Comparison of Aerodigestive and Nonaerodigestive Provider Responses to Clinical Case Vignettes

the NASPGHAN Aerodigestive Interest Group

Research output: Contribution to journalArticlepeer-review

Abstract

Objective: To evaluate differences in practice patterns between aerodigestive and nonaerodigestive providers in pediatric gastroenterology when diagnosing and treating common aerodigestive complaints. Study design: A questionnaire comprised of clinical vignettes with multiple-choice questions was distributed to both aerodigestive and nonaerodigestive pediatric gastroenterologists. Vignettes focused on management of commonly encountered general gastroenterology and aerodigestive issues, such as gastroesophageal (GE) reflux, aspiration, and feeding difficulties. Tests of equal proportions were used to compare rates of testing and empiric therapy within and across groups. Multivariate analysis was used to assess differences in response rates between aerodigestive and nonaerodigestive providers. Results: A total of 88 pediatric gastroenterologists from 18 institutions completed the questionnaire. There were 35 aerodigestive gastroenterology providers and 53 nonaerodigestive gastroenterology providers. The nonaerodigestive group included 31 general gastroenterologists and 22 providers with self-identified subspecialty gastroenterology expertise. Aerodigestive specialists were more likely than nonaerodigestive gastroenterologists to pursue testing over empiric therapy in cases involving isolated respiratory symptoms (P < .05); aerodigestive providers were more likely to recommend pH-impedance testing, videofluoroscopic swallow studies, and upper gastrointestinal barium study (P < .05 for each test) depending on the referring physician. For vignettes involving infant GE reflux, both groups chose empiric treatments more frequently than testing (P < .001), although aerodigestive providers were more likely than nonaerodigestive providers to pursue testing like upper gastrointestinal barium studies (P < .05). Conclusions: Although some practice patterns were similar between groups, aerodigestive providers pursued more testing than nonaerodigestive providers in several clinical scenarios including infants with respiratory symptoms and GE reflux.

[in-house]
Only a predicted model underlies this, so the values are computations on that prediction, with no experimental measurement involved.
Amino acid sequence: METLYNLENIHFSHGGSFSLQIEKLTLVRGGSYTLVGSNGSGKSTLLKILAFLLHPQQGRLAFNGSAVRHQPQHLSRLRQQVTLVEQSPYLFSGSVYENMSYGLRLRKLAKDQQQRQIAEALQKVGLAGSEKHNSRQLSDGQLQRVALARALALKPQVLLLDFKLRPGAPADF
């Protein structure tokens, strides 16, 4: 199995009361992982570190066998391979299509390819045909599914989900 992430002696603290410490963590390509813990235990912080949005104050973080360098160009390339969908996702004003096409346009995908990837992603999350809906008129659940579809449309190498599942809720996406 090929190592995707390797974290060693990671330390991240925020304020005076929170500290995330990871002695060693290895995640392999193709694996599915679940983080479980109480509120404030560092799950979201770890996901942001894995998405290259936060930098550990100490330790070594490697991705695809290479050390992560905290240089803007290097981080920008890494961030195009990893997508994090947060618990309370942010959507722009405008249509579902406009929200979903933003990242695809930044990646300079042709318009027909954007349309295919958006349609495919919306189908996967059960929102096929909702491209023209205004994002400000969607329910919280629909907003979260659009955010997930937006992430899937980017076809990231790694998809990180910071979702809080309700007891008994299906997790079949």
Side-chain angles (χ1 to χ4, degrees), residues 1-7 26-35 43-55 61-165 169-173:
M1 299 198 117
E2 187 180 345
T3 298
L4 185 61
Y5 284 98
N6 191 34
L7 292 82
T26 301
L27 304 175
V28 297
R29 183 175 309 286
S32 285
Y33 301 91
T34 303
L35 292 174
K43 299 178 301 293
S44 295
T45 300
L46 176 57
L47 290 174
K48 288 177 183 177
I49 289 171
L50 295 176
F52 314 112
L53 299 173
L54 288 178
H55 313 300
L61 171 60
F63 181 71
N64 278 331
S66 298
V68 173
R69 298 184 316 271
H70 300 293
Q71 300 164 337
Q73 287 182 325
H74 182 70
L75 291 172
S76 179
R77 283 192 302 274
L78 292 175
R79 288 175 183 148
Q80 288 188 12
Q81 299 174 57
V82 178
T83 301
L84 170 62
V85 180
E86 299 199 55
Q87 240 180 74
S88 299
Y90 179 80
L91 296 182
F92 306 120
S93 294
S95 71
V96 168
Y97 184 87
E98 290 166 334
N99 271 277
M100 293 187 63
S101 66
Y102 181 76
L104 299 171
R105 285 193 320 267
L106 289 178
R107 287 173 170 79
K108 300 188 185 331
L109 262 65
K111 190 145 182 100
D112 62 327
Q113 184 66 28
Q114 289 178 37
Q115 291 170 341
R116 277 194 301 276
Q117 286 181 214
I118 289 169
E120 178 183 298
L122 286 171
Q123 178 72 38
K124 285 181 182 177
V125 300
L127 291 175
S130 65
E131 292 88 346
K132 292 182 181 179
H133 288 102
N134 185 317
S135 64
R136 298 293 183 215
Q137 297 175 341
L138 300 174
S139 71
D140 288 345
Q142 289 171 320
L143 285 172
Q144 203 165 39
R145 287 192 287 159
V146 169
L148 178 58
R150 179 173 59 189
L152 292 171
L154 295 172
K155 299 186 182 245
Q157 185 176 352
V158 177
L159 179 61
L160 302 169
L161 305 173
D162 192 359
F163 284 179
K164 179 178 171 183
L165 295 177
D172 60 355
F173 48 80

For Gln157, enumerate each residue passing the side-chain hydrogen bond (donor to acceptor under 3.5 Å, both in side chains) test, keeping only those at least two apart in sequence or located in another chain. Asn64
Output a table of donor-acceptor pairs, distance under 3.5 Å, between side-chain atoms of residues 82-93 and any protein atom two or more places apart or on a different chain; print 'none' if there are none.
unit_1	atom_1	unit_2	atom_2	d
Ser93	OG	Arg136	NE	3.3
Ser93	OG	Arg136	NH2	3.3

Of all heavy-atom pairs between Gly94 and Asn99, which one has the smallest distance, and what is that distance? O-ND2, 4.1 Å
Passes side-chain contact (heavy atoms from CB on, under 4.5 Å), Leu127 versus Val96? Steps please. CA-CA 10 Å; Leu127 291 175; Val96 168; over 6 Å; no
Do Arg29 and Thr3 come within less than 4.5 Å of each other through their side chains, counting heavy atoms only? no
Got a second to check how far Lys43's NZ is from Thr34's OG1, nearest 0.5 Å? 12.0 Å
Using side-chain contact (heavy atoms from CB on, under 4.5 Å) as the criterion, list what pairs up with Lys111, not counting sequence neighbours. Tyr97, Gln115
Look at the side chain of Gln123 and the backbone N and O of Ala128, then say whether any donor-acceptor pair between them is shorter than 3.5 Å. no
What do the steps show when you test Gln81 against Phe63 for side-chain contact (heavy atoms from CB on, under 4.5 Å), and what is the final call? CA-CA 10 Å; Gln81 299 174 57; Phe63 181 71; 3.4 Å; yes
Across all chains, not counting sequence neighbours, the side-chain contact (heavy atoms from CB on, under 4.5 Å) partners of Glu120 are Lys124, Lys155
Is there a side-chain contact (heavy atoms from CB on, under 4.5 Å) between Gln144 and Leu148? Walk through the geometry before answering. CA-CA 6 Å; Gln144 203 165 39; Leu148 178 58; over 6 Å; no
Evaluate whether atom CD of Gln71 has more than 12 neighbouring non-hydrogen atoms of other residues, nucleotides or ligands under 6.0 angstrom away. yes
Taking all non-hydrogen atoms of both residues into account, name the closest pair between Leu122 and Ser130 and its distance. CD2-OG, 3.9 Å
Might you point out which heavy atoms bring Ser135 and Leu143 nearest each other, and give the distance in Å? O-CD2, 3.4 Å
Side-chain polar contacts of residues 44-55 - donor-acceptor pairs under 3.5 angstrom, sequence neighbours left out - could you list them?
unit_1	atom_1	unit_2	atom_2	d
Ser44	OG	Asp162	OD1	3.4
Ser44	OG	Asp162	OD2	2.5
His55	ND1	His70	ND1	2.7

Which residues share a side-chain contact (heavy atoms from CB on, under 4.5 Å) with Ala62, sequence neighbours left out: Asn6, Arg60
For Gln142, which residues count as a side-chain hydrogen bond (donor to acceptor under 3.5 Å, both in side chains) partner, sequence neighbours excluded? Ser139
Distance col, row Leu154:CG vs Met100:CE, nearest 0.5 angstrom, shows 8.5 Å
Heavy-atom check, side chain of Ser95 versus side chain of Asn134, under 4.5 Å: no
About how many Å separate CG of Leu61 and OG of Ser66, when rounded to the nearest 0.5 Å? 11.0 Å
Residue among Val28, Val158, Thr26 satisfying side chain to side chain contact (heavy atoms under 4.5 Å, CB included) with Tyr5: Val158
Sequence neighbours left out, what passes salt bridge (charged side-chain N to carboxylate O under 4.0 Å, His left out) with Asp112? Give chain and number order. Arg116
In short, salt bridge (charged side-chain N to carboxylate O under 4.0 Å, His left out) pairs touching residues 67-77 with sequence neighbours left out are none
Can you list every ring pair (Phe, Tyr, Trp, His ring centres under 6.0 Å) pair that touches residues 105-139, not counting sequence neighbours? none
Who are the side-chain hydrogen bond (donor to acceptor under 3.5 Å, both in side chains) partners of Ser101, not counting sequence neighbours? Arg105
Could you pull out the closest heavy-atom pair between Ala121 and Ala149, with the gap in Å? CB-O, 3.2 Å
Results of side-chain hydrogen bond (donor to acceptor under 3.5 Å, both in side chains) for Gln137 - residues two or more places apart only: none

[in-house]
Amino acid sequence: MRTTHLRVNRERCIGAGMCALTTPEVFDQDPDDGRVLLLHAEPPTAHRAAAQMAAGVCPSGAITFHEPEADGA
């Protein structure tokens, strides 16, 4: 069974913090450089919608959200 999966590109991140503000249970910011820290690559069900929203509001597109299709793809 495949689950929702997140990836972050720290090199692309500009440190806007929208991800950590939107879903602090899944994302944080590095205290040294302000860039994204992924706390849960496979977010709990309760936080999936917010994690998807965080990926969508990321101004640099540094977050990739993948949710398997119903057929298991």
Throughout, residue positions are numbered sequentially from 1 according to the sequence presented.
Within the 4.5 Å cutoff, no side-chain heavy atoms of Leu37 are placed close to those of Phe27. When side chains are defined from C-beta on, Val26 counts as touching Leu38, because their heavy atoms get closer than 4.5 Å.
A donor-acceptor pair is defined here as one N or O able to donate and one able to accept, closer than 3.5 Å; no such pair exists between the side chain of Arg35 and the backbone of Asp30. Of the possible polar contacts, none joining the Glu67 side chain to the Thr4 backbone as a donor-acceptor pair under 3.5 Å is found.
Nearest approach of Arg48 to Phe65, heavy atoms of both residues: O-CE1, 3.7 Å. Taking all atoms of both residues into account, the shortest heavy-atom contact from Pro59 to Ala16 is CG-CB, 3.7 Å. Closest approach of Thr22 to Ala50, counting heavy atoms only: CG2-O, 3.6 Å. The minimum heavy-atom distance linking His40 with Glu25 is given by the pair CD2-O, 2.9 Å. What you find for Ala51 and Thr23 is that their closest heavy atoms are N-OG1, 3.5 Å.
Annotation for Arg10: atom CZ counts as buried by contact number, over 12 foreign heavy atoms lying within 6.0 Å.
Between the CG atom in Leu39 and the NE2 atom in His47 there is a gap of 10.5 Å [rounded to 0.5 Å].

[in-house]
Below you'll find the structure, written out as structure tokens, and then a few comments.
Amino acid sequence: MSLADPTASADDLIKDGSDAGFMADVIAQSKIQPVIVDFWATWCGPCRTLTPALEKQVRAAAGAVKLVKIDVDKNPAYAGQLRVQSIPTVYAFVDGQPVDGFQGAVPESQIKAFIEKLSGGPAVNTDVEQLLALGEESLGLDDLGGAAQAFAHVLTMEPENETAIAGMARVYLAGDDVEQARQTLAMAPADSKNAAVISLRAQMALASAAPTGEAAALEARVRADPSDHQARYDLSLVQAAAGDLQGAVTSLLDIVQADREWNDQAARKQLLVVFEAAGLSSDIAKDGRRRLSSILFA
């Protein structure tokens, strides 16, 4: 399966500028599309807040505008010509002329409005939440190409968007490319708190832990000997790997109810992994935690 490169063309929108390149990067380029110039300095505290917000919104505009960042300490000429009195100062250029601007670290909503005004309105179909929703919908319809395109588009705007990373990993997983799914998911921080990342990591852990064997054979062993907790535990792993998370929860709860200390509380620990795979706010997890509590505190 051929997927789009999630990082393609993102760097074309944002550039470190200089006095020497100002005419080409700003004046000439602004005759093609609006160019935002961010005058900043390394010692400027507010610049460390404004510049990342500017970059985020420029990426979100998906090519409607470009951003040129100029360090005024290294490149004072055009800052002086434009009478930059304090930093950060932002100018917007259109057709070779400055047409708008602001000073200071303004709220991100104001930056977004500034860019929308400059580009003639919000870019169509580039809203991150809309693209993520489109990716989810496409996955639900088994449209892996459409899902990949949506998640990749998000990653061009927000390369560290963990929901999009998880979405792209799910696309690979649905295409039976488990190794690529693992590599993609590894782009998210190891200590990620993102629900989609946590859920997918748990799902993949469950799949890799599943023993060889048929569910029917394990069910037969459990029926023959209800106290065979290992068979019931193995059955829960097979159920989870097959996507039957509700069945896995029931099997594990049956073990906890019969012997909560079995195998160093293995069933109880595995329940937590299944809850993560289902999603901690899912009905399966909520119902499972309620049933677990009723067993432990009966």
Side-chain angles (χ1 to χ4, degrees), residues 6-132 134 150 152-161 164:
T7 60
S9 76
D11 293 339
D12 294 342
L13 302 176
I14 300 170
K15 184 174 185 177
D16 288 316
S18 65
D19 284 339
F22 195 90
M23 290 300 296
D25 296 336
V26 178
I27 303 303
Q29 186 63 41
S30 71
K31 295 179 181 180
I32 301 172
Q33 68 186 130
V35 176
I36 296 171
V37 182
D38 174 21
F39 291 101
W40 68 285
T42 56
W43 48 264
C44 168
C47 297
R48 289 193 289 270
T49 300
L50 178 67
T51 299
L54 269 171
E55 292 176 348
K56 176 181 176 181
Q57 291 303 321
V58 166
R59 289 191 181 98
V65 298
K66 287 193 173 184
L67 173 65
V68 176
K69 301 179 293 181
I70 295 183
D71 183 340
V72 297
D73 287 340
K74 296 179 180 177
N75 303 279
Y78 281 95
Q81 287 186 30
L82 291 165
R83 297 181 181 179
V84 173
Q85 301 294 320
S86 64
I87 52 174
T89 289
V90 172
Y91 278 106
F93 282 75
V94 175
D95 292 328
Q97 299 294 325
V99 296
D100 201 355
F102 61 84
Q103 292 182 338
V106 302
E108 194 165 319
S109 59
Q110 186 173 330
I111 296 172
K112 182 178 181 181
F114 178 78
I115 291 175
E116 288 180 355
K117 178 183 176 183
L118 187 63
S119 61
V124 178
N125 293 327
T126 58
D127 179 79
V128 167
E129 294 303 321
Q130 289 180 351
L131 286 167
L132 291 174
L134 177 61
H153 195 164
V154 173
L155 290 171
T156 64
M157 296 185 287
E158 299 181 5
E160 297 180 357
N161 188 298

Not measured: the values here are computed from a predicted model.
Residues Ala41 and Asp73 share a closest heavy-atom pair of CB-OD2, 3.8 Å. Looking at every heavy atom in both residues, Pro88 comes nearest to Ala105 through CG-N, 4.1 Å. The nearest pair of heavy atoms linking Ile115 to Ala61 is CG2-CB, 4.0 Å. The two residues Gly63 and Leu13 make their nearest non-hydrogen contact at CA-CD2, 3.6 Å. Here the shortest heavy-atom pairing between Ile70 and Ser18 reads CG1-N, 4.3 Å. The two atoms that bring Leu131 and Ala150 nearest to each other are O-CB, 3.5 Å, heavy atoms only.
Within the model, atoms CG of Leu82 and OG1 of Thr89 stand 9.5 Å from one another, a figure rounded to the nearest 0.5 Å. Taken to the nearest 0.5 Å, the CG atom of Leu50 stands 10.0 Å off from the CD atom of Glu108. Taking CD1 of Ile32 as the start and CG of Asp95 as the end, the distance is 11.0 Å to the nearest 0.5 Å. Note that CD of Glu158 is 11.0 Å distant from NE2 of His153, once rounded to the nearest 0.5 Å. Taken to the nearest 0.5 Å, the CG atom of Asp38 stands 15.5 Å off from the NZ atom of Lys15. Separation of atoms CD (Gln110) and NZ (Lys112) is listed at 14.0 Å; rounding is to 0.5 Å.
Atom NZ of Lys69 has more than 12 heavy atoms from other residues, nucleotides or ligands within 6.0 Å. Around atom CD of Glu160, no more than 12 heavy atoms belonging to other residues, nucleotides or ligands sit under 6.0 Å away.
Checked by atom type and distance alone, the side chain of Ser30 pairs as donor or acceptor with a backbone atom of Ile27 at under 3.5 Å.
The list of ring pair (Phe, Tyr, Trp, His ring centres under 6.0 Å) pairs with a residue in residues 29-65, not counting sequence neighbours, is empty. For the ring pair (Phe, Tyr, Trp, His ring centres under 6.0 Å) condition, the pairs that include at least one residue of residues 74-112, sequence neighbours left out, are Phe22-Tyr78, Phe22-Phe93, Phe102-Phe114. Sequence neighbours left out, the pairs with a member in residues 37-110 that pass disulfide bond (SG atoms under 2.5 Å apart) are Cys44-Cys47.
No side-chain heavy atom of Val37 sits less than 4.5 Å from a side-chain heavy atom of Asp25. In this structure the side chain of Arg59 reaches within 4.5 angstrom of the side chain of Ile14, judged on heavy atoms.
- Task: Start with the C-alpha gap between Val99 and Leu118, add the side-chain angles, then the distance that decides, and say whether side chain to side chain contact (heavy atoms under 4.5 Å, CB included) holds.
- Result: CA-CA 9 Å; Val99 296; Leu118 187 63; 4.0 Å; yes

Original languageEnglish (US)
Pages (from-to)166-175.e2
JournalJournal of Pediatrics
Volume232
DOIs
StatePublished - May 2021

Keywords

  • Gastroesophageal (GE) reflux
  • aspiration
  • extraesophageal
  • feeding

ASJC Scopus subject areas

  • Pediatrics, Perinatology, and Child Health

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